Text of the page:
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Unbearable pain on urination post TWoC post RARP

User
Posted 24 Jun 2020 at 12:50

My question is. How common is this? Has anyone else experienced this before? All the literature seems to dwell very heavily on incontinence and nary a mention of "a crippling pain that makes you into a snivelling wreck when you pee more than 15s". Do other people get this, or am I a freak? (I'm open to both)

The pain is best described as 

A burning pain starting in the testicles and radiating upwards into the abdomen. It was a really intense pain. It built for about 5 minutes and then took another 5 minutes to go away. It made me sweat. I had to grip the basin and the door handle and could barely move. Crying was also involved.

 

(Edit to add: at least two other people have experienced this or similar. https://community.prostatecanceruk.org/posts/m240897-second-catheter )

 

Full story below...

I had a RARP on 12th June 2020. Diagnosis was in March, but COVID caused couple of months delay. Not too big of a deal as the cancer was contained in the prostate (3+4). I'm 50, very fit and active (cycle 50 miles in 3 hours, 800 miles in May).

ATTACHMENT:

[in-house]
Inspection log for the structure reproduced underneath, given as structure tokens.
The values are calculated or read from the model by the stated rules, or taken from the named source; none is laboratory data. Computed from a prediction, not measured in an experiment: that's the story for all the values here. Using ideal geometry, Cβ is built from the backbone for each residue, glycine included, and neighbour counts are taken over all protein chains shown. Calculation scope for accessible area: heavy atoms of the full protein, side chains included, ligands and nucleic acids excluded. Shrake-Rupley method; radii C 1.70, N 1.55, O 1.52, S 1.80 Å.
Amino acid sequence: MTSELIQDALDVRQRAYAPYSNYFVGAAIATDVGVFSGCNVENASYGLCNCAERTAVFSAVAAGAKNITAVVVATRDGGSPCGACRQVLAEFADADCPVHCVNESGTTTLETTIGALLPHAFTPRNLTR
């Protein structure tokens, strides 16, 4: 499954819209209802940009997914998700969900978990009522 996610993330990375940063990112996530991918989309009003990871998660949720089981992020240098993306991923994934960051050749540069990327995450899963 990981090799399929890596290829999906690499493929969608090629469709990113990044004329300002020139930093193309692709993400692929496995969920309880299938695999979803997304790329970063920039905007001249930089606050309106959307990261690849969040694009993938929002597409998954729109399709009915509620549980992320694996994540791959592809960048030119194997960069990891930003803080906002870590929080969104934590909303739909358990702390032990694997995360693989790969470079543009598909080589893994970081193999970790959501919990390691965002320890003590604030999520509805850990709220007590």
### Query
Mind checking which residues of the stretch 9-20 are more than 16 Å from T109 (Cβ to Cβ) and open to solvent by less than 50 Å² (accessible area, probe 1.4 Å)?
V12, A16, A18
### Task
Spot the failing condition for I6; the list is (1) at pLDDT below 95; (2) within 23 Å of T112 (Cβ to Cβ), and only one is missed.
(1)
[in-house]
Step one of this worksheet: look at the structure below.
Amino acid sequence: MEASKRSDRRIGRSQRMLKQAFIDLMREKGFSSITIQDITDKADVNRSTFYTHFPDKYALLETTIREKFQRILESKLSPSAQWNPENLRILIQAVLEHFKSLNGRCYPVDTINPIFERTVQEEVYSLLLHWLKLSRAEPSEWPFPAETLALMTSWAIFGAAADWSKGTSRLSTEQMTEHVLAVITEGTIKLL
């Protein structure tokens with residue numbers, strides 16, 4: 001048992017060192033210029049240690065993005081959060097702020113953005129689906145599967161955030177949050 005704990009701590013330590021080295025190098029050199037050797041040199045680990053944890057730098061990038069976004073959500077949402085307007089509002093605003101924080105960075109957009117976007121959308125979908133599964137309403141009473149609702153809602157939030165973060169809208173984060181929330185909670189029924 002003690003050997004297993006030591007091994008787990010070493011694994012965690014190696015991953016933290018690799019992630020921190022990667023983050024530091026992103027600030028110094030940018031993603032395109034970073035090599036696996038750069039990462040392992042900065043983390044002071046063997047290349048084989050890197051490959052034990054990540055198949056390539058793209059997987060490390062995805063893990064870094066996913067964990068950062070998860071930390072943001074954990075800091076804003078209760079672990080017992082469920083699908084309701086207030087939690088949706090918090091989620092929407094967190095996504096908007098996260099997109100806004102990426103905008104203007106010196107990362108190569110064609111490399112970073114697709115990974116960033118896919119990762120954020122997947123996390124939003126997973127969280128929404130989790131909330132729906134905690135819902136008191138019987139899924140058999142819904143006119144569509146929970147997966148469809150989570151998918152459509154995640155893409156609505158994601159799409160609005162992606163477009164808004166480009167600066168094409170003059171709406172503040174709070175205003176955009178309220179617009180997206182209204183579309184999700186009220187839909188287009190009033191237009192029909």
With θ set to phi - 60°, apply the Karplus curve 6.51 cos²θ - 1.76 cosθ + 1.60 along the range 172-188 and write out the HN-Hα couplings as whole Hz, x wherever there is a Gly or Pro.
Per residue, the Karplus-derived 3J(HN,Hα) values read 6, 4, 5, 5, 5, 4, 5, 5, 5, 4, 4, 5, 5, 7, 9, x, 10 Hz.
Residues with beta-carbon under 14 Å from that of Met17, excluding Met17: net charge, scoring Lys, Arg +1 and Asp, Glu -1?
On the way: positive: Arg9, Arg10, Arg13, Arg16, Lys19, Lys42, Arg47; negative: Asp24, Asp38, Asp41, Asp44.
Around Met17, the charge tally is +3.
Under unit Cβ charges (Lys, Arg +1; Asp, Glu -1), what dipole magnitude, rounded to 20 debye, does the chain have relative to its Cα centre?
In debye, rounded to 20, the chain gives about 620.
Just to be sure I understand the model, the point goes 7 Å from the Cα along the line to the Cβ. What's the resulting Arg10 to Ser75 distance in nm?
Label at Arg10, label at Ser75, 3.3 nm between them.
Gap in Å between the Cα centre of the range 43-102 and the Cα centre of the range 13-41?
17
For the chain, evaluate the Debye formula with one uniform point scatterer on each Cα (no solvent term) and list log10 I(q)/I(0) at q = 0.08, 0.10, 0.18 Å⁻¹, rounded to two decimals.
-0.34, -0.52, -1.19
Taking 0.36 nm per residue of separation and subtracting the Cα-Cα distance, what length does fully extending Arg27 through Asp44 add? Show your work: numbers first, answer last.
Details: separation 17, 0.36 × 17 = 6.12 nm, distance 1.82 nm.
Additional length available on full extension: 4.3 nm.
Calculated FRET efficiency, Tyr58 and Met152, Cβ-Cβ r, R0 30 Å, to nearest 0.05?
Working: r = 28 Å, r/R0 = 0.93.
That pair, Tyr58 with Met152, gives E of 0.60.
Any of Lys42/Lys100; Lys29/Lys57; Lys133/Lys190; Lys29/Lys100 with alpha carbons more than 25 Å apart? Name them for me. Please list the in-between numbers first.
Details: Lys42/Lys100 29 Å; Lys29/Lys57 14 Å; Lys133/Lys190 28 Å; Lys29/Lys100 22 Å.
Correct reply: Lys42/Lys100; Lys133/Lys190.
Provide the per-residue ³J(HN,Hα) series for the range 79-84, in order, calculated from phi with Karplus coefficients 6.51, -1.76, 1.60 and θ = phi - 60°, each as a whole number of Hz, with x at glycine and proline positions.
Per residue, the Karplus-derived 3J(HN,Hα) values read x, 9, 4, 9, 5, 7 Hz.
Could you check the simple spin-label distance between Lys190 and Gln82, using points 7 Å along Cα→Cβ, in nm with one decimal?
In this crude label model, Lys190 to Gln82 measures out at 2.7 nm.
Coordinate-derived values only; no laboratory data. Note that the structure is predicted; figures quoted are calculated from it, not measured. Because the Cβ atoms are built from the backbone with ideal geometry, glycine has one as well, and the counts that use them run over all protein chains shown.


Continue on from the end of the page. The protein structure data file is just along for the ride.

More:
Hospital treatment, surgery and first week of recovery went amazingly well. 

19th June - day 7 -the big day. TWoC Trial without catheter. Because of new COVID procedures they didn't want me hanging around, so out came the catheter and they sent me home with a couple of pads. "I've been doing this 5 years and in all that time I've only had a couple of people with problems. But here's the number for urology triage in case you have any. If you need to go to the toilet at night, go straight away, don't roll over and go back to sleep."

And that's pretty much all the advice I got. So off we went back home. In and out in 10 minutes. Seemed like a good result. First wee was very small and a few 'bits' of clot came out. Little bit of stinging, but nothing too bad. Second wee similar. Small and gritty. No real continence issues except I noticed when doing a pelvic floor exercise that if you release too quickly you can get a leak.

Third wee was a different story. After about 15-20 seconds I had this burning pain start in the testicles and radiate upwards into the abdomen. It was a really intense pain. It built for about 5 minutes and then took another 5 minutes to go away. It made me sweat. I had to grip the basin and the door handle and could barely move. Crying was also involved.

After two of those episodes, I decided to call the phone number they gave me. The urology triage nurse on duty consulted a consultant, who said "it sometimes happens - it should pass". OK cool. I'll try to stop being a pussy and get on with it then.